Curled up for hours today with Karina Yan Glaser's April 2022 middle grade release A Duet for Home. The perfect Author’s Note followed by a story full of heart, music, & home has me thinking differently about homelessness, and feeling extra grateful for everyday heroes like Mrs. G. #mglit This was truly the perfect book to kickoff a year full of intention & gratitude. ---- A bonus review, over two weeks later; I wrote an email to the lovely author of this book today, because I truly cannot stop th Curled up for hours today with Karina Yan Glaser's April 2022 middle grade release A Duet for Home. The perfect Author’s Note followed by a story full of heart, music, & home has me thinking differently about homelessness, and feeling extra grateful for everyday heroes like Mrs. G. #mglit This was truly the perfect book to kickoff a year full of intention & gratitude. ---- A bonus review, over two weeks later; I wrote an email to the lovely author of this book today, because I truly cannot stop thinking about it. Here is what I sent to her: Dear Karina, I cannot stop thinking about A Duet for Home and I wanted to write to you about its impact on me. I've been teaching for sixteen years and always had empathy for kids who've entered our schools and do not have traditional homes/family situations. I have never, ever - though - thought about how quickly a family can go from living a comfortable "normal" life to a life of poverty, loss, fear, and homelessness. I finished the ARC of your book on New Year's Day and truly have thought about it every, single day. I lost my dad suddenly to a brain aneurysm a few years ago, and a few moments in the book (i.e. “Your dad was so happy that you were his daughter.”) just wrecked me, in a beautiful way. I wrote down a few of my favorite quotes (I'll paste them below) - and I will post a raving review on Goodreads, but I also wanted to personally reach out to you to say thank you for pouring your heart into this beautiful book. Kids AND grown-ups ALL need to read this book for a new perspective and understanding. Grateful that you've shared your creativity and heart with the world. - - - - - - - “The shelter has become a place where my family can… become whole again… It’s been a place to get strong and get the help we need.” “At that moment it was as if the three friends shared one beating heart, the road before them belonging only to them – and filled with possibility.” “(She) responded by shutting the door, her heart beating against the armor she had built around it.” “Home was a funny thing. You thought it meant one thing, only to discover that it meant something else entirely.” PS - I noticed that the list of songs at the end of the book says "Music in a Song Called Home" - was that the old title?! One of my fave things about ARCS - those little details not yet changed!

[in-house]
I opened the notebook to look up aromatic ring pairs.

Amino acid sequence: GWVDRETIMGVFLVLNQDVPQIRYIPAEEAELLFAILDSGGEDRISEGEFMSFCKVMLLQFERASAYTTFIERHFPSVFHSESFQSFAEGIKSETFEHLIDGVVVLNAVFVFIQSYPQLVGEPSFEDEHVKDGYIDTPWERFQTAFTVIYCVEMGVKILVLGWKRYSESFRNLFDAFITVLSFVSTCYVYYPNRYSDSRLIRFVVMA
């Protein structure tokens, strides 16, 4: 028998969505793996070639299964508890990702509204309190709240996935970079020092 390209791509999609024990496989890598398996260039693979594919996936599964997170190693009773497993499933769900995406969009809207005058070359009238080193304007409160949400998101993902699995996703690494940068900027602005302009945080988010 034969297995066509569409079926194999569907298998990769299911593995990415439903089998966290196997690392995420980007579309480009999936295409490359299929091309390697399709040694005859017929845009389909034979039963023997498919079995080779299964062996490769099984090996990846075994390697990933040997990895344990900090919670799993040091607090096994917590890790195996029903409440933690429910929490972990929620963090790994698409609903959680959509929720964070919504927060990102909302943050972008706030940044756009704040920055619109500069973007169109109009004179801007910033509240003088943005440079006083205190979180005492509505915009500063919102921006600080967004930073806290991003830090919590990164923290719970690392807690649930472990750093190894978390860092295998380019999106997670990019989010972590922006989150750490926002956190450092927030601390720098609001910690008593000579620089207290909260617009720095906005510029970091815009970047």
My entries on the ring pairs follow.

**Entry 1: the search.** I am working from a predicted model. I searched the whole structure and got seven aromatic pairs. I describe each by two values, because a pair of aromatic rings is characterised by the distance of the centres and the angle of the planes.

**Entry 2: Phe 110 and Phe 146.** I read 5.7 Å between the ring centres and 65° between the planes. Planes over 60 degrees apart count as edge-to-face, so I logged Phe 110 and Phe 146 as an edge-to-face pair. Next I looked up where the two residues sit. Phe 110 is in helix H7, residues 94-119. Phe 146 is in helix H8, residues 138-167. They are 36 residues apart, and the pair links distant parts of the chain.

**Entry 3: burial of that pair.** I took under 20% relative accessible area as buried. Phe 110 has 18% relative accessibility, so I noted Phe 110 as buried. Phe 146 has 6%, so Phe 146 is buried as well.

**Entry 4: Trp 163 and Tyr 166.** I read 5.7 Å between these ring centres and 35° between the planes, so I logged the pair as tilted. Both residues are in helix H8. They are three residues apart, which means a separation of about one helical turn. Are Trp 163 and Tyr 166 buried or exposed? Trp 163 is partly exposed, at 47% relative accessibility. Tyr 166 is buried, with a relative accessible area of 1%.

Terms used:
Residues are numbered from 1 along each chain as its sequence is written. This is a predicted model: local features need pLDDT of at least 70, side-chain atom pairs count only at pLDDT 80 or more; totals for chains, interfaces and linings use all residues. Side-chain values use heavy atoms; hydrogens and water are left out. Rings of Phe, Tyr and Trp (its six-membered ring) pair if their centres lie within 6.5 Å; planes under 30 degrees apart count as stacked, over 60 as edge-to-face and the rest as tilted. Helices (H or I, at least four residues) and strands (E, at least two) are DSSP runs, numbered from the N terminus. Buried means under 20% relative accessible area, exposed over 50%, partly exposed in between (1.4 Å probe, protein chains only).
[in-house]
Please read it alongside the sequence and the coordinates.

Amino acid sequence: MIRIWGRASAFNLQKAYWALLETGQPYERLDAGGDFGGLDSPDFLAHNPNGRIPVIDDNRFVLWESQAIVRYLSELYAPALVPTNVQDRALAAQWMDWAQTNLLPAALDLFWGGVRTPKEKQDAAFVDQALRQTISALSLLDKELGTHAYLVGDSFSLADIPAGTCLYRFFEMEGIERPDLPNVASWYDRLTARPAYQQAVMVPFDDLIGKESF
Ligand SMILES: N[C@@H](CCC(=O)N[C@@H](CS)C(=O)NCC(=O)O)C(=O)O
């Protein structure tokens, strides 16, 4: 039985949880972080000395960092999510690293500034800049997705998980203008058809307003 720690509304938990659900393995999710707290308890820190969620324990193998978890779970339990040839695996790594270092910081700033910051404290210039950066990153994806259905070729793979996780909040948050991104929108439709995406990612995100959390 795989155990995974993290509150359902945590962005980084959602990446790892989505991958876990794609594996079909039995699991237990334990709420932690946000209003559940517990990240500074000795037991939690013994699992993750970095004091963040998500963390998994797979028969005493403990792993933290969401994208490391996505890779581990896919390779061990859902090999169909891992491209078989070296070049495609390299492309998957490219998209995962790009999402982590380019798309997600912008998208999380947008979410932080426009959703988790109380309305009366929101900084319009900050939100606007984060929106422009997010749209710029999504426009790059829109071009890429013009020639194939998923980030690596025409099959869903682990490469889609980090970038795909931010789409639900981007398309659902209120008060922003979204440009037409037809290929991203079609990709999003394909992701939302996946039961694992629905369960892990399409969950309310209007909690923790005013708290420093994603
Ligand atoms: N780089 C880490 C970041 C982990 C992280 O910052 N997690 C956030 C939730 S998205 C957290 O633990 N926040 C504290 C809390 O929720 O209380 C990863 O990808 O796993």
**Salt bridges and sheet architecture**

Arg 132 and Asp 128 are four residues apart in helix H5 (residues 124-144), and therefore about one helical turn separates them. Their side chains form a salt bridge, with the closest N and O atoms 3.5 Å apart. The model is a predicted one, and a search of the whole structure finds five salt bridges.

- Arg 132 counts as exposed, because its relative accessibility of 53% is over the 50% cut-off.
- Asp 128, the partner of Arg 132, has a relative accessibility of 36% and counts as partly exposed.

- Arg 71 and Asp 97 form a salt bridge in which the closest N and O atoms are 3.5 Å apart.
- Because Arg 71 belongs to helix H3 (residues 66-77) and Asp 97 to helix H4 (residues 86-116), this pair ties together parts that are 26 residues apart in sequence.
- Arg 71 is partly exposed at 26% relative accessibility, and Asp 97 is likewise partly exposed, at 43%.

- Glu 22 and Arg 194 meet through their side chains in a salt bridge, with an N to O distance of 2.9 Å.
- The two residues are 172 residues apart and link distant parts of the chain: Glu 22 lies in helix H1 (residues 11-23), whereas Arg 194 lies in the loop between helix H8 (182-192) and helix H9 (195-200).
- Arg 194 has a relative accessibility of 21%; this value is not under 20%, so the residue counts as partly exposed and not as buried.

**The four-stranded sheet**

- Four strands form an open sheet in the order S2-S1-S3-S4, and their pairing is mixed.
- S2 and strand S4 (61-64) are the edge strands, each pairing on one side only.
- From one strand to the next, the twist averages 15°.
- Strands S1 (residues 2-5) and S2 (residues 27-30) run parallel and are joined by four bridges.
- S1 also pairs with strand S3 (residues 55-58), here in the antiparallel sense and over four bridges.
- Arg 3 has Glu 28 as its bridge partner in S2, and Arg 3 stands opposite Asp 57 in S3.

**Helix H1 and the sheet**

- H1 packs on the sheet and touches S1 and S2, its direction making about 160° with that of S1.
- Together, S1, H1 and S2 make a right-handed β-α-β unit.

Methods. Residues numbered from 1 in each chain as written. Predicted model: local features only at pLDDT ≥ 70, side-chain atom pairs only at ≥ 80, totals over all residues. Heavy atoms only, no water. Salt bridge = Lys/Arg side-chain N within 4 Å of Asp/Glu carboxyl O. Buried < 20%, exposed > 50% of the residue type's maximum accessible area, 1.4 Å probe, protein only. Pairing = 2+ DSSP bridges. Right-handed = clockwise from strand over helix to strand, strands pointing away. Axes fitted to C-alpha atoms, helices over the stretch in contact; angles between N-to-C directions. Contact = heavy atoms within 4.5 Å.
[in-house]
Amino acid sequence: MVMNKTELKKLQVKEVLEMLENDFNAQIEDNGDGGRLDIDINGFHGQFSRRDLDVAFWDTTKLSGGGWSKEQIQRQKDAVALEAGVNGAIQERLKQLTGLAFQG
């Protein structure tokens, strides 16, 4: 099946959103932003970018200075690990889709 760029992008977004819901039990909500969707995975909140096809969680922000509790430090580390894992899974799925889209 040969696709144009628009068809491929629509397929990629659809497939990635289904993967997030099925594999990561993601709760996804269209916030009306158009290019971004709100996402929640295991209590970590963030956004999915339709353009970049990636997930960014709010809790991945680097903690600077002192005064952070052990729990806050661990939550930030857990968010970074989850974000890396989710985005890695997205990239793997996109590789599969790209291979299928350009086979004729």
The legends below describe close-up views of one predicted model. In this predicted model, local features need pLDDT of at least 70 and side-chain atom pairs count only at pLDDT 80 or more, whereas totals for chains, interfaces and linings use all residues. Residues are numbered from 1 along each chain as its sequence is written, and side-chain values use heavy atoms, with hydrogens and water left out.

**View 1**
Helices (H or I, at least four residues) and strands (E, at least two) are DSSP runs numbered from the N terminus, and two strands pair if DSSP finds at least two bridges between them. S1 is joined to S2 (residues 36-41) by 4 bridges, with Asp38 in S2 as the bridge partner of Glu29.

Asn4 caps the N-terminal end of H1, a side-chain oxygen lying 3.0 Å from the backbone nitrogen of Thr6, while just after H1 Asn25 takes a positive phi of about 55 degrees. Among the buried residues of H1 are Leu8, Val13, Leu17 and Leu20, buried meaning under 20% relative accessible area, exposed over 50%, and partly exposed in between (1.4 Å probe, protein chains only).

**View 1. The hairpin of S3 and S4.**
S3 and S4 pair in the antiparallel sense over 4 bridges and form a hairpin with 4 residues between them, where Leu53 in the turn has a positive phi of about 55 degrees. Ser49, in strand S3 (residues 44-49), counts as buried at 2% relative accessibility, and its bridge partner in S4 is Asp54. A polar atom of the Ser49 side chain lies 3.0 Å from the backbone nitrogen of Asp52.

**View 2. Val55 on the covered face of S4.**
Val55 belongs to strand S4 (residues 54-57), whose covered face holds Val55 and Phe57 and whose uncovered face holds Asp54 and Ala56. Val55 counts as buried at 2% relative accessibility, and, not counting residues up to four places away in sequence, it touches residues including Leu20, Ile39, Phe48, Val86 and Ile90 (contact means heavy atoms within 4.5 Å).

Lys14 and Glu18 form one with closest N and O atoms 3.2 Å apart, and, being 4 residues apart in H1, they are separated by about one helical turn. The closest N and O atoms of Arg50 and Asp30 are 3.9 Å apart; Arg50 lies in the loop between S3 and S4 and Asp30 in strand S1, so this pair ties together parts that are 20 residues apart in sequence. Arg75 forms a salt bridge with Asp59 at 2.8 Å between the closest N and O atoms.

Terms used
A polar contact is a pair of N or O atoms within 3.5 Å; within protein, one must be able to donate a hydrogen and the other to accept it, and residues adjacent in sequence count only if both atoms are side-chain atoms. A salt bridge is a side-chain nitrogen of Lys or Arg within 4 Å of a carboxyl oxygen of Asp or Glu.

16. 5 out of 5